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00000177-6edd-df44-a377-6fff43070000WUNC's American Graduate Project is part of a nationwide public media conversation about the dropout crisis. We'll explore the issue through news reports, call-in programs and a forum produced with UNC-TV. Also as a part of this project we've partnered with the Durham Nativity School and YO: Durham to found the WUNC Youth Radio Club. These reports are part of American Graduate-Let’s Make it Happen!- a public media initiative to address the drop out crisis, supported by the Corporation for Public Broadcasting and these generous funders: Project Funders:GlaxoSmithKlineThe Goodnight Educational FoundationJoseph M. Bryan Foundation State FarmThe Grable FoundationFarrington FoundationMore education stories from WUNC

Chinese Educators Tour North Carolina Schools

Chinese educators from Xuzhou checked out a middle school art class at DSA.
Jess Clark
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Principals and administrators from the city of Xuzhou visited Durham School of the Arts (DSA) on Thursday.

They are the third group of Chinese educators to tour North Carolina schools this year through UNC’s Center for International Understanding (CIU).

Julie McGaha, K-12 program director for CIU, said the purpose of the visit is to give Chinese leaders in education a more nuanced understanding of American public schools.

"They can take these things back to their province, to their school," McGaha said.

The group of 20 Chinese educators visited a dance class, a visual art class and a piano class at DSA.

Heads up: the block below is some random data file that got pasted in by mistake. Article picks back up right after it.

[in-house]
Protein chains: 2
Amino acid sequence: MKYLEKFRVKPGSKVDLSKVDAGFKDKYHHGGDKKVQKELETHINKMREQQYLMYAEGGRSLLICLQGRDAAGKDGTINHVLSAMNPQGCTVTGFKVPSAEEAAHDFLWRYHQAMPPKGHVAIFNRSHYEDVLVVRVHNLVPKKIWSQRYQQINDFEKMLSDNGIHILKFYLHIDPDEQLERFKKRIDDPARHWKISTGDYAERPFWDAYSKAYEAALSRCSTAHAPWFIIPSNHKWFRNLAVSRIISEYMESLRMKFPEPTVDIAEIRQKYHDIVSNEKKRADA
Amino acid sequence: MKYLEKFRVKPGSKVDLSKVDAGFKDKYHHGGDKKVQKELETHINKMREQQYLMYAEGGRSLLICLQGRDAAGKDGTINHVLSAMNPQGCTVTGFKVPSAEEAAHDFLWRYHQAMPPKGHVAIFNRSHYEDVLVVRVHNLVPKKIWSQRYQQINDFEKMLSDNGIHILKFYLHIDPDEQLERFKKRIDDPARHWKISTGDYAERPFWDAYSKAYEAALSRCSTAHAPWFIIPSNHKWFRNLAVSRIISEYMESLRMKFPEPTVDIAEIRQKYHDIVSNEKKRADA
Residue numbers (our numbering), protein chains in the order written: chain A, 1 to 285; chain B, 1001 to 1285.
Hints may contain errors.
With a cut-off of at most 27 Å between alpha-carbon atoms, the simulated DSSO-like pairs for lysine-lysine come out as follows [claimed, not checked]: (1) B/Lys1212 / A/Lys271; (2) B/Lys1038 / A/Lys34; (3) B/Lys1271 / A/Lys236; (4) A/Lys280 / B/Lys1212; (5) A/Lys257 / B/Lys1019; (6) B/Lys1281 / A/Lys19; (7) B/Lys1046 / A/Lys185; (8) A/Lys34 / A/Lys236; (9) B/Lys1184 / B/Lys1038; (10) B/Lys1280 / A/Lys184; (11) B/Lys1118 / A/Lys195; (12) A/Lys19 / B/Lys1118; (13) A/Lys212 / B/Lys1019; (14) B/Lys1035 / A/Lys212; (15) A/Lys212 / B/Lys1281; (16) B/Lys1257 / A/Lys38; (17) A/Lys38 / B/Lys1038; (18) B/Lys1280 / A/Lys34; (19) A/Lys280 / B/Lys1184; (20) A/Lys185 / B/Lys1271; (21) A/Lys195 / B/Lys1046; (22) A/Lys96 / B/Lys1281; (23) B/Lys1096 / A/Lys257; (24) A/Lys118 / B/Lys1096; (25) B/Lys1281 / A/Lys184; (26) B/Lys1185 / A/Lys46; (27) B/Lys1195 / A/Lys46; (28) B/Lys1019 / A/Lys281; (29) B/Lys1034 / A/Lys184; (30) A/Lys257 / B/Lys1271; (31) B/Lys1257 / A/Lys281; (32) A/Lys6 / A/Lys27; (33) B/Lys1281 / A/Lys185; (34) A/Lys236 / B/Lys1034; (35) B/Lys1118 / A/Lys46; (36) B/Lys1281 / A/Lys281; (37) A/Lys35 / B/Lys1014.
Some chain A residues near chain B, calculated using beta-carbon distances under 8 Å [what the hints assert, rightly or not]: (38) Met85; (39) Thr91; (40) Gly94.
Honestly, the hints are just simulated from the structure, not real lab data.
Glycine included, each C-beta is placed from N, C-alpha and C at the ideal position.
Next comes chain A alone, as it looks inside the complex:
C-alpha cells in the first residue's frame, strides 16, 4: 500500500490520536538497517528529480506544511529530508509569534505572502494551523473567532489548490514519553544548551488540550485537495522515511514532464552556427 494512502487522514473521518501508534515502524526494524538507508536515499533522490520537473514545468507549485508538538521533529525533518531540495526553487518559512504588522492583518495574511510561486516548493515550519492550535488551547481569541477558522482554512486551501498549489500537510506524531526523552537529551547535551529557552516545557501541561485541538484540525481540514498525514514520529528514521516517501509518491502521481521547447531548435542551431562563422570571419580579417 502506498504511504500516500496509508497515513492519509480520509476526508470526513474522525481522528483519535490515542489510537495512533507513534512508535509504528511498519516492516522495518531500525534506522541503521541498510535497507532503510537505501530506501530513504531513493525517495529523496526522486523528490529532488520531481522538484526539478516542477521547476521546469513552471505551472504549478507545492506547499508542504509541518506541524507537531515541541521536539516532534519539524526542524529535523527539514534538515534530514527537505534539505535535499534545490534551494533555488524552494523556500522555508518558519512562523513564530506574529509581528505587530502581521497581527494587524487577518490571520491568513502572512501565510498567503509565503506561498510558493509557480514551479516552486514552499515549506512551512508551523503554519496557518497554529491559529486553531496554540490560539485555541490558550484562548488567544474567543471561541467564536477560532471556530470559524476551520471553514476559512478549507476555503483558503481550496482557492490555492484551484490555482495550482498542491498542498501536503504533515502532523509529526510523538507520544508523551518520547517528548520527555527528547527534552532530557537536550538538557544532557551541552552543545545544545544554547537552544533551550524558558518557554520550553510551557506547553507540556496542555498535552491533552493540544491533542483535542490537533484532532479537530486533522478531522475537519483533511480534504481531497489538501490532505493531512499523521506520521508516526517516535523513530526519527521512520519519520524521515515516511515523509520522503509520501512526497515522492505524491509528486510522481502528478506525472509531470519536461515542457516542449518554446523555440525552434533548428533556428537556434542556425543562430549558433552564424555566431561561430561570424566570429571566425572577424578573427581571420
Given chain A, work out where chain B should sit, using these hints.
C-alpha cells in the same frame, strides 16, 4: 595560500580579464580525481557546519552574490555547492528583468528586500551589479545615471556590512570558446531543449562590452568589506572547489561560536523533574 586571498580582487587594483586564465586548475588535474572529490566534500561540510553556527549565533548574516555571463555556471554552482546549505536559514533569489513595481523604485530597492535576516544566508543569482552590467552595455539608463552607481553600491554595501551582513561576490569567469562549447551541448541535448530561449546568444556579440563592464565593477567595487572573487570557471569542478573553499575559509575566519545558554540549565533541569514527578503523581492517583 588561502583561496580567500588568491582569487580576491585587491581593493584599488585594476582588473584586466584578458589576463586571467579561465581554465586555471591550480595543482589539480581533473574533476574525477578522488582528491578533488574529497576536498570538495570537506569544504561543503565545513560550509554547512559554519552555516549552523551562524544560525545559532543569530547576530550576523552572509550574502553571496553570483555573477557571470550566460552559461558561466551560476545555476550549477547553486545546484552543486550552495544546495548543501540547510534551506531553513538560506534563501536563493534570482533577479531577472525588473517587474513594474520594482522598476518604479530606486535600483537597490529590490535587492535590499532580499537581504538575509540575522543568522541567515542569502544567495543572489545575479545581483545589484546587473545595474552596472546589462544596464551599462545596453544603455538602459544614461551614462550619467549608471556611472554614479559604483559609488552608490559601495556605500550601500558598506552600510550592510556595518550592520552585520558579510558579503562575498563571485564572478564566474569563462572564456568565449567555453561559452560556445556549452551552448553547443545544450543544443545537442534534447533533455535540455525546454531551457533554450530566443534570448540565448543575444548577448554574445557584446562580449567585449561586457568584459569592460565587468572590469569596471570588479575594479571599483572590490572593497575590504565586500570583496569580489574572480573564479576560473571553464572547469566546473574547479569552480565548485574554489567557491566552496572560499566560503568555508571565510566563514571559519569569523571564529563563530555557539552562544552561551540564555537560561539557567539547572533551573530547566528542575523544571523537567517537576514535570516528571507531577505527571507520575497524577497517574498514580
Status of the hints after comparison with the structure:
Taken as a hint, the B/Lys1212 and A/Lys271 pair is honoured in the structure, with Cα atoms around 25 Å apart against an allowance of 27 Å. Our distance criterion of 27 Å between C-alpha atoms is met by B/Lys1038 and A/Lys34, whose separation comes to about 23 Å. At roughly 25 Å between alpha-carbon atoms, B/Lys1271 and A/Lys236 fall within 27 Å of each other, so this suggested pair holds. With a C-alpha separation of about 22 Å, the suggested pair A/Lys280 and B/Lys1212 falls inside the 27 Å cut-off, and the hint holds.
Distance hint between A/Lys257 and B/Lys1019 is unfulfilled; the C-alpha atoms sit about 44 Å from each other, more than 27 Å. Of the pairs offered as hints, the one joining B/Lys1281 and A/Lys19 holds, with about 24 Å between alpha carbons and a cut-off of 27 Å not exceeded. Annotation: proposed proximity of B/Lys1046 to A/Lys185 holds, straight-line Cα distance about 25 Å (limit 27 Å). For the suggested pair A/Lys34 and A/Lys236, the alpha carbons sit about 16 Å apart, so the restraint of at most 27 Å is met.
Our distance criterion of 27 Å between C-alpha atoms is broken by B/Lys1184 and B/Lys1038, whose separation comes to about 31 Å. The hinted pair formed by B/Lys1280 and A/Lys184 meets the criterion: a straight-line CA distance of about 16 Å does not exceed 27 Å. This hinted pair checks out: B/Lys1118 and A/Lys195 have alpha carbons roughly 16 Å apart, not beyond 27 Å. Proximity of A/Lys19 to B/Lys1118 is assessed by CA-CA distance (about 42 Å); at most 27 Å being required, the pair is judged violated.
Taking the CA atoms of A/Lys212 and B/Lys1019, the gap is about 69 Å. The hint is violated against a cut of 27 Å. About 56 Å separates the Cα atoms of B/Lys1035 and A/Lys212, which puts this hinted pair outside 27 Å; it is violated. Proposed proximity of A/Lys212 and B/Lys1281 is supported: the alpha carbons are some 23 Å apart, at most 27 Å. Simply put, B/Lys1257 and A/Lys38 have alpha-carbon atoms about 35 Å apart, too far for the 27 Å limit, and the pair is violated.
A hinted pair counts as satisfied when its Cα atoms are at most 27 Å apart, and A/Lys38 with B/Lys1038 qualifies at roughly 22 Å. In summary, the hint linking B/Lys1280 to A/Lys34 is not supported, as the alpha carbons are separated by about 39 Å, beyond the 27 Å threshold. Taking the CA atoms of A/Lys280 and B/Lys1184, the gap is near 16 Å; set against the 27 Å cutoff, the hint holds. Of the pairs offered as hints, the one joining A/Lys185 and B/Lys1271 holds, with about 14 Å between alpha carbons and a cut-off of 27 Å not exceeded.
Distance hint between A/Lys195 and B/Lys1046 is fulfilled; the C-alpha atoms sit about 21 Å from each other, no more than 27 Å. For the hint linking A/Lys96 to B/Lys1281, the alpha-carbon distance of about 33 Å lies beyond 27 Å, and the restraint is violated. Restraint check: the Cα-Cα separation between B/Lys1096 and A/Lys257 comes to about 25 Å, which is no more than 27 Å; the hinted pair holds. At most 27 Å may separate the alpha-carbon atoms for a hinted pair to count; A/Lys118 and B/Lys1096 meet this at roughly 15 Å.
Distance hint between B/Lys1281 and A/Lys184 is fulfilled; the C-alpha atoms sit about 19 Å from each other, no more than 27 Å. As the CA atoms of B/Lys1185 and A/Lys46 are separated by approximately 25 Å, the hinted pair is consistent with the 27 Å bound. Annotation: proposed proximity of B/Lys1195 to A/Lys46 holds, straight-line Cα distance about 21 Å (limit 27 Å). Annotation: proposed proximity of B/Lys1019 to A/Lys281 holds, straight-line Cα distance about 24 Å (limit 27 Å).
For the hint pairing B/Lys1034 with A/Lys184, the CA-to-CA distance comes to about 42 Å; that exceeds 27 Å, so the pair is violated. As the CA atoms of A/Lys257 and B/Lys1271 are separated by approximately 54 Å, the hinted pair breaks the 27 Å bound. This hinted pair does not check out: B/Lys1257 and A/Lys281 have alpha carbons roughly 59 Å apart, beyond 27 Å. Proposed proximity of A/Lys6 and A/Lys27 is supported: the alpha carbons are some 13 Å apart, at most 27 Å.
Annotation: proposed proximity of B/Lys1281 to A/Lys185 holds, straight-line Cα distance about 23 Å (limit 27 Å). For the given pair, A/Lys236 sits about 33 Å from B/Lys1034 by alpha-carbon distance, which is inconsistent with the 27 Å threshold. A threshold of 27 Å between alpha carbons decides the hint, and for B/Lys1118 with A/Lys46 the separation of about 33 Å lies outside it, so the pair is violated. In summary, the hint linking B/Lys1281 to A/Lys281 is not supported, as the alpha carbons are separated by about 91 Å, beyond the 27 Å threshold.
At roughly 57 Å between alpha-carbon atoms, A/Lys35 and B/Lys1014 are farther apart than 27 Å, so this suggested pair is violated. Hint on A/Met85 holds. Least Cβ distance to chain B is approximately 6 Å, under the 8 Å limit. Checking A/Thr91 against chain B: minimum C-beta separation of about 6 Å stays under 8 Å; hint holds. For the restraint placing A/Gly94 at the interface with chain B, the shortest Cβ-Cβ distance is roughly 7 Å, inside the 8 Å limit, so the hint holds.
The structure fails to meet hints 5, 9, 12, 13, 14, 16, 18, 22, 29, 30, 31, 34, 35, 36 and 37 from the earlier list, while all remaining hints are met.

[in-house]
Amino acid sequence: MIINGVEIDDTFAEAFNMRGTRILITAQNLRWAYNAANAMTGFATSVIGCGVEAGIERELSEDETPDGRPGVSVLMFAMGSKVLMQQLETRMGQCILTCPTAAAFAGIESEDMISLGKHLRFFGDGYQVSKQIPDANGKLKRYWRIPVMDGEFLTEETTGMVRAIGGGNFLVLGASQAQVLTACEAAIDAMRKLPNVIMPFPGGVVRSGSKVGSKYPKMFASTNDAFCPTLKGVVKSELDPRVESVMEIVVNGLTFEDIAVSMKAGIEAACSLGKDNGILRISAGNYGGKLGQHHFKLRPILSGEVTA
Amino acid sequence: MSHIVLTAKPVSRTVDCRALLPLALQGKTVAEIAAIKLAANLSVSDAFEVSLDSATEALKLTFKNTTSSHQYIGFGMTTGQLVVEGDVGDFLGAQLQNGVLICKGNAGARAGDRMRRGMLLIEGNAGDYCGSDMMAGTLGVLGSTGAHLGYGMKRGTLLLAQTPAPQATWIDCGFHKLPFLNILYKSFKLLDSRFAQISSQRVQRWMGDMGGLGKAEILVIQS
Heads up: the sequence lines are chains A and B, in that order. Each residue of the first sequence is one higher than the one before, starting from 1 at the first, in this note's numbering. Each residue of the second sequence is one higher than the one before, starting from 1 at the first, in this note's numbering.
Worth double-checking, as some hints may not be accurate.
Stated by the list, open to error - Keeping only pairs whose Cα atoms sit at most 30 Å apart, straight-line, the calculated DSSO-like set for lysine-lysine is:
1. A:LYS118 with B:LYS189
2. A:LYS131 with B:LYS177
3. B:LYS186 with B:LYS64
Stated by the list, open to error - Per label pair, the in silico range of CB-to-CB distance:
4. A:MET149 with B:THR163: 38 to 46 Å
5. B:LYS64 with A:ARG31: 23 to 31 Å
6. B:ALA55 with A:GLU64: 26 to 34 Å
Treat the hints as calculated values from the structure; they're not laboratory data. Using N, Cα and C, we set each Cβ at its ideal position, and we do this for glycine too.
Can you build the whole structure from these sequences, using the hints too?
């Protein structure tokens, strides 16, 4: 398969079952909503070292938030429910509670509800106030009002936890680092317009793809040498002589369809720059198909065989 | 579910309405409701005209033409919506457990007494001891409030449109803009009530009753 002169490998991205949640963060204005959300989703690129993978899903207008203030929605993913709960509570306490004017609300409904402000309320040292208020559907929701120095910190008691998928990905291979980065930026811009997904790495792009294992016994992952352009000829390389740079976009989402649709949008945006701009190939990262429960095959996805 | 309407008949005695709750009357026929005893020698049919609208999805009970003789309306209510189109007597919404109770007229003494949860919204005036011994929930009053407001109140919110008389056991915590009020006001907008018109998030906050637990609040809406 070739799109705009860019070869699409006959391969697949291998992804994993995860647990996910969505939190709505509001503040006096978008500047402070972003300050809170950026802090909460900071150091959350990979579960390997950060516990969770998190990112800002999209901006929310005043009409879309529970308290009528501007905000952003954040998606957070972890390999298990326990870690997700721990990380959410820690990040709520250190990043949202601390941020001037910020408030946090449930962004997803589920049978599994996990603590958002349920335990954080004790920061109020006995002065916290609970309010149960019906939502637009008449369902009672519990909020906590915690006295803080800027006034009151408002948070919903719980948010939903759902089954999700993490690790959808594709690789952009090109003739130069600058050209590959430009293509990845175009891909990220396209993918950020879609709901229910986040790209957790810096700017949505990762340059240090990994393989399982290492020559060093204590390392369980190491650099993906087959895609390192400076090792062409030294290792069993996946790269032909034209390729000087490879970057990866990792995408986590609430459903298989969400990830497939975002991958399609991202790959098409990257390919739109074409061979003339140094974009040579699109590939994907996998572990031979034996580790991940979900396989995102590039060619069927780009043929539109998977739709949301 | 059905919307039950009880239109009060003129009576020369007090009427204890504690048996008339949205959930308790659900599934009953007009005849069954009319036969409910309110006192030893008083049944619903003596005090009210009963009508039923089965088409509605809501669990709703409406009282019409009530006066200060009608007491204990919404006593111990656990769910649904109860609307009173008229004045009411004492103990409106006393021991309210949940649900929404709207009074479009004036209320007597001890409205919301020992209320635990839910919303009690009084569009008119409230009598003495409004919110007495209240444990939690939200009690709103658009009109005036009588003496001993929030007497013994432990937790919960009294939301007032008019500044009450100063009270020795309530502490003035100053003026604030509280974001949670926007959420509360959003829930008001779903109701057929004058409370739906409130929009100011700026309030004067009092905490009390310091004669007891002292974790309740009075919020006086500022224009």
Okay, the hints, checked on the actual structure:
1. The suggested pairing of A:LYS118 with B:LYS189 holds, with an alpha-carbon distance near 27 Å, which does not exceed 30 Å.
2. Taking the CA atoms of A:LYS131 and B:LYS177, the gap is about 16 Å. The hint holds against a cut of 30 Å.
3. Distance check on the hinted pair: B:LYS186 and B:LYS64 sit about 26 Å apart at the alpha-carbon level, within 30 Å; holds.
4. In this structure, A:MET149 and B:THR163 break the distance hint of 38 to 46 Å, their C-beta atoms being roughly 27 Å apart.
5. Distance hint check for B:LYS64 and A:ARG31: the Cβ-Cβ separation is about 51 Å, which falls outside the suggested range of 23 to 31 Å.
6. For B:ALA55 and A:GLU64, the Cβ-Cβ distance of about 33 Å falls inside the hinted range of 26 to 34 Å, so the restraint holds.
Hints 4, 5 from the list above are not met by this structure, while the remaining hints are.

Chinese principals and administrators tried traditional North Carolina barbecue during a visit to Durham School of the Arts.
Credit Jess Clark
/
Chinese principals and administrators tried traditional North Carolina barbecue during a visit to Durham School of the Arts.

Xinwei Dai is a researcher with the Department of Education in the city of Xuzhou. Dai said through an interpreter that Chinese educators can learn from American schools the importance of helping students develop vocational and art skills.

“In Chinese society we say books is the most important, your academic performance is the most important. But we overlook the difference in students' talents," she said.

Dai added that few schools in China focus on teaching the arts.

But Dai also said she thinks American schools can do better at pushing their students to excel in math and science.

Chinese educators visited a piano class at the Durham School of the Arts.
Credit Jess Clark
/
Chinese educators visited a piano class at the Durham School of the Arts.

"Here in the United States, I think teachers tend to follow students' lead and give them the freedom to choose what they want to do, and may not actually give them enough incentive to perform even better," she said.

The group will also visit schools in Mount Airy, Carrboro and Chapel Hill.

Tianlu Redmon interpreted for this story.

 

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